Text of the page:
Pens Draw Criticism in Embattled UAW

Union members were unhappy that promotional pens at a lobbying event were manufactured in China.


The UAW has been struggling for a while now as fallout from corruption investigations has implicated more and more of its ranking members, including president Gary Jones, who abruptly resigned from the organization this past November.

Jones, who was being charged by the union for misusing funds, was just one of more than a dozen UAW execs pursued for various corruption allegations.

But one exec that’s still leading the charge is Rory Gamble, the union president who stepped in to take Jones’ place. And what better way for the UAW to commemorate Gamble and the union’s fresh start than by handing out promotional pens at a lobbying event this week with his name on them?

But there’s one problem. The Detroit News published a story last week that detailed backlash from union members who were not pleased to see the pens emblazoned with the name of their country of origin: China.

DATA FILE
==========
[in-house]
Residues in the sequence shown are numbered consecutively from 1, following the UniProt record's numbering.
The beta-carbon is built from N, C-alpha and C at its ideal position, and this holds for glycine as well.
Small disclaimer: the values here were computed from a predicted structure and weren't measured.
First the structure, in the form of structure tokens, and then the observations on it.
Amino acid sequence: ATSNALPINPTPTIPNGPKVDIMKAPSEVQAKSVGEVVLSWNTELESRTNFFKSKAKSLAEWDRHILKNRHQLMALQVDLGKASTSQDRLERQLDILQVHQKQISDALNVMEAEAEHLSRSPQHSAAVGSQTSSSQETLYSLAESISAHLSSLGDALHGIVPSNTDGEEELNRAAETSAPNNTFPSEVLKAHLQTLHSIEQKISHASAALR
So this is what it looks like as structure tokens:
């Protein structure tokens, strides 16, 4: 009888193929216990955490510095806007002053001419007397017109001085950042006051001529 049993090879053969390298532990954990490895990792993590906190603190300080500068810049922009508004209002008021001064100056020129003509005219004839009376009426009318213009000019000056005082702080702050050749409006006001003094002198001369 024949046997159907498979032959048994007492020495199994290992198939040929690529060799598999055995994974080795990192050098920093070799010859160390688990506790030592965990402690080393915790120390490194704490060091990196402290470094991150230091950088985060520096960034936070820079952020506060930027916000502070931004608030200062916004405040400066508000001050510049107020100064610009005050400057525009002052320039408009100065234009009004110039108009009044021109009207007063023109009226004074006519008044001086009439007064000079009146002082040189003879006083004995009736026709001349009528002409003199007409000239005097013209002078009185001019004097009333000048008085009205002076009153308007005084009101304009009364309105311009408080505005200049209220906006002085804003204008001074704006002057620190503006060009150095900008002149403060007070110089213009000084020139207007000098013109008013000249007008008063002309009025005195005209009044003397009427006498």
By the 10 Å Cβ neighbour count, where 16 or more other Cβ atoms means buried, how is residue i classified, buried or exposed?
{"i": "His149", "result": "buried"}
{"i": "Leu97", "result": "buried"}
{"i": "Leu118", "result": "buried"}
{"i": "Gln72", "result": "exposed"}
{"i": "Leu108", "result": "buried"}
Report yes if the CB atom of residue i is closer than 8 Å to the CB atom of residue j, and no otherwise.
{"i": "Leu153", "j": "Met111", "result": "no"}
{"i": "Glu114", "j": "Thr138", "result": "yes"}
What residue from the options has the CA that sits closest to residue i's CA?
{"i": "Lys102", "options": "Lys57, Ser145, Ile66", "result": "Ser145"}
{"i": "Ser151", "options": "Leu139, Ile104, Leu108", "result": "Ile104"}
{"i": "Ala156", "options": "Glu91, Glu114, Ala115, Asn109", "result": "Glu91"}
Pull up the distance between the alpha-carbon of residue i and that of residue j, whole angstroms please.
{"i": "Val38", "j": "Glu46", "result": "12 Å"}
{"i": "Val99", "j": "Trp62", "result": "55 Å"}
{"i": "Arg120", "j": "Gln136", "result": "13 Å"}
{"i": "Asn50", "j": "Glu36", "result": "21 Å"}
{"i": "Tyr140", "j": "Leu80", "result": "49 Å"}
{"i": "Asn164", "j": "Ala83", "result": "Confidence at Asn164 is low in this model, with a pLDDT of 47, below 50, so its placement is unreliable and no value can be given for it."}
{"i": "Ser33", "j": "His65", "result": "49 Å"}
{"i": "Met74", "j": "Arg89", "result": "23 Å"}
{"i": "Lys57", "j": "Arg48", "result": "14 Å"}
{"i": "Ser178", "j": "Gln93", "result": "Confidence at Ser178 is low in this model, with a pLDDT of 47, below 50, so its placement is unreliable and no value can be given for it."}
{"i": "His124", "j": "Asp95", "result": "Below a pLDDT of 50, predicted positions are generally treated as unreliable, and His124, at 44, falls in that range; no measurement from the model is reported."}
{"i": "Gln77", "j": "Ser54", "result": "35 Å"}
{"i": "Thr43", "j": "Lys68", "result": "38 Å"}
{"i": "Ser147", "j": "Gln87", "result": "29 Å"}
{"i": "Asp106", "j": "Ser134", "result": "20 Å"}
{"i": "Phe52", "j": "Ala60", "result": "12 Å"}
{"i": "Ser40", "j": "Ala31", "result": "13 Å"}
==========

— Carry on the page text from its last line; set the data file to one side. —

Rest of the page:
Meoshee Edwards, a 23-year UAW member who works at Detroit’s Hamtramck plant, reportedly called the pens “hypocritical,” and a spokesperson for the union said, simply, “the UAW agrees.”

The UAW’s bidding process requires that items purchased come from union-made U.S. plants. So, what happened? In this case, the union says the manufacturer flubbed the order.

And N.J.-based Bankers Pen Inc. says the union is 100% right — they did mess up the order by grabbing pen parts from their China-made inventory, rather than the U.S.-made stock, due to a processing error. Bankers President Richard Danziger told the News that it was “absolutely someone in my facility” and that the company would do whatever it takes to make it right.

Unfortunately for the UAW, it’s just more drama at a time when the union doesn’t need it. The organization has been known for its mantle of “Buy American,” and even publishes shopping guides on where to buy union-made goods.

More in Manufacturing